So, what aspects of us are preserved in the soul when we die? Is it like a snapshot of the brain state in the moment of death?

If so, what is if we sleep at that time.. do we wake up when we die? If a blind person dies, can the soul suddenly see again? And if yes, what kind of colors can it see? What is the resolution, can it see atoms? Can the soul see in the dark? Does the soul of an Alzheimer patient suddenly become smart again? If you are drunk or depressive in the moment of death, in what state your after-life conciousness should be in? Actually 95% of all brain processes run unconciously but still influence our deeds and thinking… it is known that decisions are taken before we conciously know about them. How would that be encoded in a thinking soul?

If you say, well the soul is immaterial and these questions do not make sense, then what properties of your personality are preserved at all? At best this can be some vague feeling of existence and conciousness, but that could hardly be called “you”, who is a product of your specific history in the physical world.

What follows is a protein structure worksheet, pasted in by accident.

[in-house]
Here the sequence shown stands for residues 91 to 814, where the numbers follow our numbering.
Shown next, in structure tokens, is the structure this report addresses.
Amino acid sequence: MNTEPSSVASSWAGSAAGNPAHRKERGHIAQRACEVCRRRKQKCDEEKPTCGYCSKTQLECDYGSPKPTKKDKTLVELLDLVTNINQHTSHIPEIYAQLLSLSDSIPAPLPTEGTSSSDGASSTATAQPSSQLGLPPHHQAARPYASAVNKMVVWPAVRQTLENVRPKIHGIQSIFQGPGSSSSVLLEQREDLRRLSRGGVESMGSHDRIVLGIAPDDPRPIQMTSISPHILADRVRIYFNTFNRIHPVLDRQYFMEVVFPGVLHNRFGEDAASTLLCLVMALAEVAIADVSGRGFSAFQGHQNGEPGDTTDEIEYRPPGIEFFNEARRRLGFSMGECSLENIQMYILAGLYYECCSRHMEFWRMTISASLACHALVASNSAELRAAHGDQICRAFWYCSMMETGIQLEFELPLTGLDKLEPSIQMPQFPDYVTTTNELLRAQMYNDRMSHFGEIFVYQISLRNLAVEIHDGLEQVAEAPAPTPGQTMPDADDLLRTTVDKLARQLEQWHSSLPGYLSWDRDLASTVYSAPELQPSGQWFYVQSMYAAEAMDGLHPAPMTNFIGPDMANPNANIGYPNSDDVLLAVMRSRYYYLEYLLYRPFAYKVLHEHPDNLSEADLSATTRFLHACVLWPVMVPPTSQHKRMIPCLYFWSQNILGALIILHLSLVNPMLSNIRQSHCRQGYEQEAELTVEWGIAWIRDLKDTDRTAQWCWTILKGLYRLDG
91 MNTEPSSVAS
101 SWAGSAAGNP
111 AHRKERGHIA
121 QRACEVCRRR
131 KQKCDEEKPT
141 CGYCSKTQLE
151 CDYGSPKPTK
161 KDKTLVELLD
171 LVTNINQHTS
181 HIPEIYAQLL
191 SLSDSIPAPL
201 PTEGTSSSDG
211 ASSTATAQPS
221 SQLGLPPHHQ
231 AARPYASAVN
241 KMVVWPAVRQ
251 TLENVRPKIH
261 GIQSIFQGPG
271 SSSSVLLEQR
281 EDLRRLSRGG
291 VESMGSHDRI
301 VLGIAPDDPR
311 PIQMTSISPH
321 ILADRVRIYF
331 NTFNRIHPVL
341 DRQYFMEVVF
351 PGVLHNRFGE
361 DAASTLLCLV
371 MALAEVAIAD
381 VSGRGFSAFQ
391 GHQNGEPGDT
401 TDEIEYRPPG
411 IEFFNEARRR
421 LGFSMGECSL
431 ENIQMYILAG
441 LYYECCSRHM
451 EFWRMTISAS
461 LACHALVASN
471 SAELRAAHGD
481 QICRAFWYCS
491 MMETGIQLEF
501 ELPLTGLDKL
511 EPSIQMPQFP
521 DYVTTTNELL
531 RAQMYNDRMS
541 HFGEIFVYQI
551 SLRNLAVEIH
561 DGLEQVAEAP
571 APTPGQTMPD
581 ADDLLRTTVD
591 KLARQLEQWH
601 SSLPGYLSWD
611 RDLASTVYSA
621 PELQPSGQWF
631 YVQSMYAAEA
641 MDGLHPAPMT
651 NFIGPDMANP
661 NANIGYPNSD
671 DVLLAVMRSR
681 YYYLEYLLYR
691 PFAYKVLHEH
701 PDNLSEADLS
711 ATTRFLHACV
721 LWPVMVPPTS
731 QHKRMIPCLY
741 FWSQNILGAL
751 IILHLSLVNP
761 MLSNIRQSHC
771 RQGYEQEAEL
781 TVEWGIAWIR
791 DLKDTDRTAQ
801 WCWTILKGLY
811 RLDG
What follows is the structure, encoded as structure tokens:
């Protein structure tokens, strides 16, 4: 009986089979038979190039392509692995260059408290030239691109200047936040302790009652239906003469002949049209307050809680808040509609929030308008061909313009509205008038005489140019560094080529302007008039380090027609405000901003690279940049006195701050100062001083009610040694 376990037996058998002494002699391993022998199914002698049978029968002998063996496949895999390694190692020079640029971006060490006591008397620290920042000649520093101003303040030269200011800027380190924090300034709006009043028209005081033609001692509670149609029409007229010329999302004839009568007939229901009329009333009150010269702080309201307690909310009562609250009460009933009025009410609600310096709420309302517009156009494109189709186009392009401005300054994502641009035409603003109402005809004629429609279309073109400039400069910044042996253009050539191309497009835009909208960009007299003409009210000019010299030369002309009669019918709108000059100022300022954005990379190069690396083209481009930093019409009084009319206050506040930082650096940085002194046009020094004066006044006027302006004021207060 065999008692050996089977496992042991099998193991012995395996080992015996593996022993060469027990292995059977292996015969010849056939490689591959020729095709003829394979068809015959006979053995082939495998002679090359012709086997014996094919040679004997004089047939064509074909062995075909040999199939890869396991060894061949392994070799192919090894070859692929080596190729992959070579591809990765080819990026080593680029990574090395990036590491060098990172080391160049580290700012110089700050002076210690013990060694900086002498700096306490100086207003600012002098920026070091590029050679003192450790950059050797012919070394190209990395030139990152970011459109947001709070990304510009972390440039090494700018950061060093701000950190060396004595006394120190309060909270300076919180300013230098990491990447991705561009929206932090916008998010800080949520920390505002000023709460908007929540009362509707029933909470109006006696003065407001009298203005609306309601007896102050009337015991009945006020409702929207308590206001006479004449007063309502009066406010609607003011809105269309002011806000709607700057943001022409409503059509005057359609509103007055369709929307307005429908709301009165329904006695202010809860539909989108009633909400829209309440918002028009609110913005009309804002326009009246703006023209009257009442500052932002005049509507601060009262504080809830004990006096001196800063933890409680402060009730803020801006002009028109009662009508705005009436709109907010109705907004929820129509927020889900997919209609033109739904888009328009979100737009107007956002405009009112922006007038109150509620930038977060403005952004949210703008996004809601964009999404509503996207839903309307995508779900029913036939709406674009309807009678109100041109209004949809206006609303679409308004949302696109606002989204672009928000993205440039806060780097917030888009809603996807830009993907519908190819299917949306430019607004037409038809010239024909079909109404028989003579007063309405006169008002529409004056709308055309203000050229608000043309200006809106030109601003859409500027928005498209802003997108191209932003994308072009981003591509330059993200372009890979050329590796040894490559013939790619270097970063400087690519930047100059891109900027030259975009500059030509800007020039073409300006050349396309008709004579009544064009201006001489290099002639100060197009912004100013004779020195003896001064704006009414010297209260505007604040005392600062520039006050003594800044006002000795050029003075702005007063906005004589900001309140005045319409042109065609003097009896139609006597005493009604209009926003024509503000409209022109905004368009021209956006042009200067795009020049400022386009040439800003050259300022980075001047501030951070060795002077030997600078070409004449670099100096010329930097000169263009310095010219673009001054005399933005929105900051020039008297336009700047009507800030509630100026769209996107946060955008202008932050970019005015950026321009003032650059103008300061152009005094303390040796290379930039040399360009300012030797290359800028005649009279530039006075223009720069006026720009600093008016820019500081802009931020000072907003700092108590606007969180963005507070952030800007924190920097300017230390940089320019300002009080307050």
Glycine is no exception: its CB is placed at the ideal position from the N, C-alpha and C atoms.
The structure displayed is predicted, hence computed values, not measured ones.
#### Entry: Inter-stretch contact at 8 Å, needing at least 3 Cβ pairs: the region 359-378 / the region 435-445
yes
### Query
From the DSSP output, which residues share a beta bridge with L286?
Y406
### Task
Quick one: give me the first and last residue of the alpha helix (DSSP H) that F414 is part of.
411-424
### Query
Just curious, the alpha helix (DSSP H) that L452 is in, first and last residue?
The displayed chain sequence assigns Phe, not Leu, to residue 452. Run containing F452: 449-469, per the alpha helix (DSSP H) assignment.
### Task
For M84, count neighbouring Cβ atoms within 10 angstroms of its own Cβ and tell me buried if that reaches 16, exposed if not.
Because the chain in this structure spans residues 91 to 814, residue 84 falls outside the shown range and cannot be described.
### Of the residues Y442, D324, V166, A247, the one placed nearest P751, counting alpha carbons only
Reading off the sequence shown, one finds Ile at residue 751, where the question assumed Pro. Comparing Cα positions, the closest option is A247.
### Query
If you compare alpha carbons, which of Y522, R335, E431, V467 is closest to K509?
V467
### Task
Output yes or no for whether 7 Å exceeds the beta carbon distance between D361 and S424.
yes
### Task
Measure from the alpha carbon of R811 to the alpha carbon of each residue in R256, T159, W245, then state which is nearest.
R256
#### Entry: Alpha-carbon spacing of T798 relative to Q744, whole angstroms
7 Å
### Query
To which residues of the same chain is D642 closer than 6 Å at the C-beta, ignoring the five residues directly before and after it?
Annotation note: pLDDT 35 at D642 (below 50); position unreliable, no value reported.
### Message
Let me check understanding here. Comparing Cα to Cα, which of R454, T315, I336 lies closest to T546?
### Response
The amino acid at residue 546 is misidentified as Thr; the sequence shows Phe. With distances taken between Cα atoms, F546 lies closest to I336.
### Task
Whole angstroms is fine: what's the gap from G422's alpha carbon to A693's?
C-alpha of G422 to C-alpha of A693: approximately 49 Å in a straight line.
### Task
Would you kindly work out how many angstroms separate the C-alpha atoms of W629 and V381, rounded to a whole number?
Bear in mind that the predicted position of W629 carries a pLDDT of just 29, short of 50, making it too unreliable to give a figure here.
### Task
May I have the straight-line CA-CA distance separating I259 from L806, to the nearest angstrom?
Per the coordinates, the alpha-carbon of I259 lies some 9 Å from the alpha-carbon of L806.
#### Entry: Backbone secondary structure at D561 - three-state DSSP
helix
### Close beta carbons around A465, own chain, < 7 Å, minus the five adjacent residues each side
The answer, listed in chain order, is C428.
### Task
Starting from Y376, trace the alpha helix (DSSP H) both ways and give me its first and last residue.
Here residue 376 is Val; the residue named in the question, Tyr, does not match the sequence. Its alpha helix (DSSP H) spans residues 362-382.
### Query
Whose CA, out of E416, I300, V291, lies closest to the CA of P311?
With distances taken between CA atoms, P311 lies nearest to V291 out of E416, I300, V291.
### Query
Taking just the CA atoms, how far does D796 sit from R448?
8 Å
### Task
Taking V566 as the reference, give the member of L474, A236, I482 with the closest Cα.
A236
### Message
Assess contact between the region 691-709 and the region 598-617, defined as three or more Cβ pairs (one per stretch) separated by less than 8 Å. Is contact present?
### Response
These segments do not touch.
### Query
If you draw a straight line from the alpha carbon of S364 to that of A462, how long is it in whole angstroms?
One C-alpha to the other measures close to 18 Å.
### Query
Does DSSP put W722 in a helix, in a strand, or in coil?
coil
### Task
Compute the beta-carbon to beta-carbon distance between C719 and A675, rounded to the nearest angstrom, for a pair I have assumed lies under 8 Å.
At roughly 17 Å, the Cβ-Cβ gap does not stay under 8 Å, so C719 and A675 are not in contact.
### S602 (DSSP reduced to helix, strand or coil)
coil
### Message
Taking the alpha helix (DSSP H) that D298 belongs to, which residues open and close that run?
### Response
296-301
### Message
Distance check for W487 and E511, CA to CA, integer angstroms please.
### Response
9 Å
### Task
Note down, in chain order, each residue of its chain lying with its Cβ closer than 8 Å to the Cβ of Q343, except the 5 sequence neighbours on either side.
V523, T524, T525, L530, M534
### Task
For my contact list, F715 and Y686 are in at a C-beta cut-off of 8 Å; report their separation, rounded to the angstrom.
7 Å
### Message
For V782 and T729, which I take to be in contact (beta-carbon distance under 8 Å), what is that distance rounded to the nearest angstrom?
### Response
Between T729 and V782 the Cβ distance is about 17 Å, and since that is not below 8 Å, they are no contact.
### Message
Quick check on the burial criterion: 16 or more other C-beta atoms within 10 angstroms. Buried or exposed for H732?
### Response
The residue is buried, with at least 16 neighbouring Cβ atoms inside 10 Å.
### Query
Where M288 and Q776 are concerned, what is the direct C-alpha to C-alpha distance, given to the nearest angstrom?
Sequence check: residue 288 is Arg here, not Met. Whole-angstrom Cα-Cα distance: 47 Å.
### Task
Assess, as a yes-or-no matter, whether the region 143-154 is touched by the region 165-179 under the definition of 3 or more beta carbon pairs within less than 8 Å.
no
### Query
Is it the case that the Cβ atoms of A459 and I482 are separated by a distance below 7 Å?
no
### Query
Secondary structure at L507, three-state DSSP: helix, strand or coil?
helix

6. Chaz says:

Lucid as always, Sean!

7. The average over comments give a good view about prevailing more than century old prejudices called for some reason “scientific view”, which is nothing but extremely naive materialism neglecting all its problems raised by modern physics itself (quantum measurement theory). Even the questioning of the belief that biology reduces to physics as we understand and that free will might be something real is regarded as a belief in paranormal! God grief!